Fall Harvest: Winter Squash
It’s about that time of year when we can all admit that fall is here. One of the best parts of autumn is that there are so many fruits and vegetables that are harvested at this time of year, which means there is an abundance of fresh, delicious foods just waiting to be eaten.
One of the quintessential autumn foods is the winter squash. There are several varieties - the tried and true butternut and acorn squash, along with the less-well-known varieties like delicata, kabocha, kuri, and hubbard. Even though they can look pretty different, many of these winter squash are related and have similar health benefits. Some of the nutritional highlights of winter squash include:
- Winter squash contain antioxidants, which can help protect against conditions like heart disease and cancer.
- Squash also contains a variety of carotenoids, which are the molecules that make the flesh of the squash appear yellow or orange (and they’re also antioxidants! See #1). Carotenoids such as lutein and zeaxanthin, which are found abundantly in winter squash, are great for eye health, prevention of cancer and for optimal immune function.
- Vitamin C is found in winter squash, and is often touted for it’s immune boosting qualities. Vitamin C is also useful for tissue repair! It helps collagen lay properly, helping us have smoother skin with improved elasticity.
- Winter squash has plenty of dietary fiber, which supports digestive health, and can even help to lower cholesterol levels when eaten regularly.
- Manganese is a mineral that is found in winter squash (and in their seeds, which are often delicious when toasted!). While we don’t need lots of it, manganese is important for bone health, skin integrity and blood sugar control.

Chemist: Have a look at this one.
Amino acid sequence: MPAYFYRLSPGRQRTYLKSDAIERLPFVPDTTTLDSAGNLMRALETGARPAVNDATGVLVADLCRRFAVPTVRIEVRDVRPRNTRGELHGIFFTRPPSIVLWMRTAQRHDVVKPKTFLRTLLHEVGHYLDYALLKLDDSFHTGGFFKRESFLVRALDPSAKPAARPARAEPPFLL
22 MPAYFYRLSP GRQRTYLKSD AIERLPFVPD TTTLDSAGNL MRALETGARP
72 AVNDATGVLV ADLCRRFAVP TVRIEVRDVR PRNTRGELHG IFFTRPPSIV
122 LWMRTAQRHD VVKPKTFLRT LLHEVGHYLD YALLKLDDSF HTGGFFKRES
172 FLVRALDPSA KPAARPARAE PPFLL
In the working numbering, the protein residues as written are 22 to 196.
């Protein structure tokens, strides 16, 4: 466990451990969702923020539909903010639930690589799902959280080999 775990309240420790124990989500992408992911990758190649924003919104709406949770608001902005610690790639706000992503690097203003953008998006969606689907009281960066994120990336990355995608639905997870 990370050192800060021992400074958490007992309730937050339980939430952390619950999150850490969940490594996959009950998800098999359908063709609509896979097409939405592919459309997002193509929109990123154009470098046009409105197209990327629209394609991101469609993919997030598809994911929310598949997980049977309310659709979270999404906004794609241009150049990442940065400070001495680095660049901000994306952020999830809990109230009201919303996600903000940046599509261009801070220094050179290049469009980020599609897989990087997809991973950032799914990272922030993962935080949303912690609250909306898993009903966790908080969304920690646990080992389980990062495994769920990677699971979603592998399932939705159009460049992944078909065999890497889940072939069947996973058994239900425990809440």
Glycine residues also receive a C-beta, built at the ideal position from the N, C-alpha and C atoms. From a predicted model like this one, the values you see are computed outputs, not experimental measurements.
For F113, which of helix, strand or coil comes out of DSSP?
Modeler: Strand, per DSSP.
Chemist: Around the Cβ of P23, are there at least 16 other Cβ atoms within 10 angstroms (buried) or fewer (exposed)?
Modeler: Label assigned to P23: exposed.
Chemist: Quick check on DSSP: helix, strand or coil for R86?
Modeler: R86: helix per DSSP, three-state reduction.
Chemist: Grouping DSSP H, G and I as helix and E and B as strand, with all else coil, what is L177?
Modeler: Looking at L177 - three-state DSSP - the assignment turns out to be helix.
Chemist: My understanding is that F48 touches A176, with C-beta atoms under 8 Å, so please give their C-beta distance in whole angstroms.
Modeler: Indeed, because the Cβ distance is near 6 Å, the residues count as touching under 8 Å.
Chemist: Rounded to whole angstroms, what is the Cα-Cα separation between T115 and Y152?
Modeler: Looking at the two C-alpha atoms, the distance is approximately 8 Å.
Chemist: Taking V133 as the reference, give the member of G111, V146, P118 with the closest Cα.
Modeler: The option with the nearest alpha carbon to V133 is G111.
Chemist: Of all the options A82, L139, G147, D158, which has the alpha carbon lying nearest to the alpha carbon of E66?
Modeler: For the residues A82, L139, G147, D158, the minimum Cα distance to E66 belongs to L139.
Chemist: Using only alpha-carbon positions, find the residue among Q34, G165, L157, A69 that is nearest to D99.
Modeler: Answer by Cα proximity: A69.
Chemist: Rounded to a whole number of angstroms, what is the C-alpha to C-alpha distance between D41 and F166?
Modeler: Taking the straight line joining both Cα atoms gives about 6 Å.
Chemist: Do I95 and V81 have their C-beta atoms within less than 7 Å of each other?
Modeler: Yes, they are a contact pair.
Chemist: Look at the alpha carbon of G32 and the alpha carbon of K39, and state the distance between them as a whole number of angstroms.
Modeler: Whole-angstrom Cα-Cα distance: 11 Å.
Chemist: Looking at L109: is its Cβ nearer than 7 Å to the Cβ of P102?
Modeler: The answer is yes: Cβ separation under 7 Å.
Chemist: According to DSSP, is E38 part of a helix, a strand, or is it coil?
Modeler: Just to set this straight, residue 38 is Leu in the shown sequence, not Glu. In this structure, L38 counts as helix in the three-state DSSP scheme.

There are lots of ways to prepare winter squash - you can bake it, blend it into a creamy soup, stuff it, or mash it (and more!)
Below is a simple recipe that will work for almost all types of winter squash, so you can try out new varieties for yourself!
- Any type of winter squash (make sure it’s for eating and not for decoration or carving!)
- 1 tsp Cinnamon
- Olive oil
- Salt and pepper
- Grass-fed butter (to serve, optional)
- Baking sheet
- Preheat your oven to 375F
- Cut your squash in half lengthwise, and use a regular spoon to remove the seeds
- Drizzle olive oil on the fleshy side of the squash, trying to coat it evenly
- Sprinkle cinnamon and a pinch of salt to the squash (over the butter)
- Place squash face down on the baking sheet
- Bake for 30-50 mins (times vary widely depending on type and size of squash)
- Squash is done when a fork or a knife easily pierces the skin
Add a little butter, a little more cinnamon and another pinch of salt to the squash for a sweet and savory side dish. You can eat it as a side dish right out of the skin, or scoop it out! Enjoy!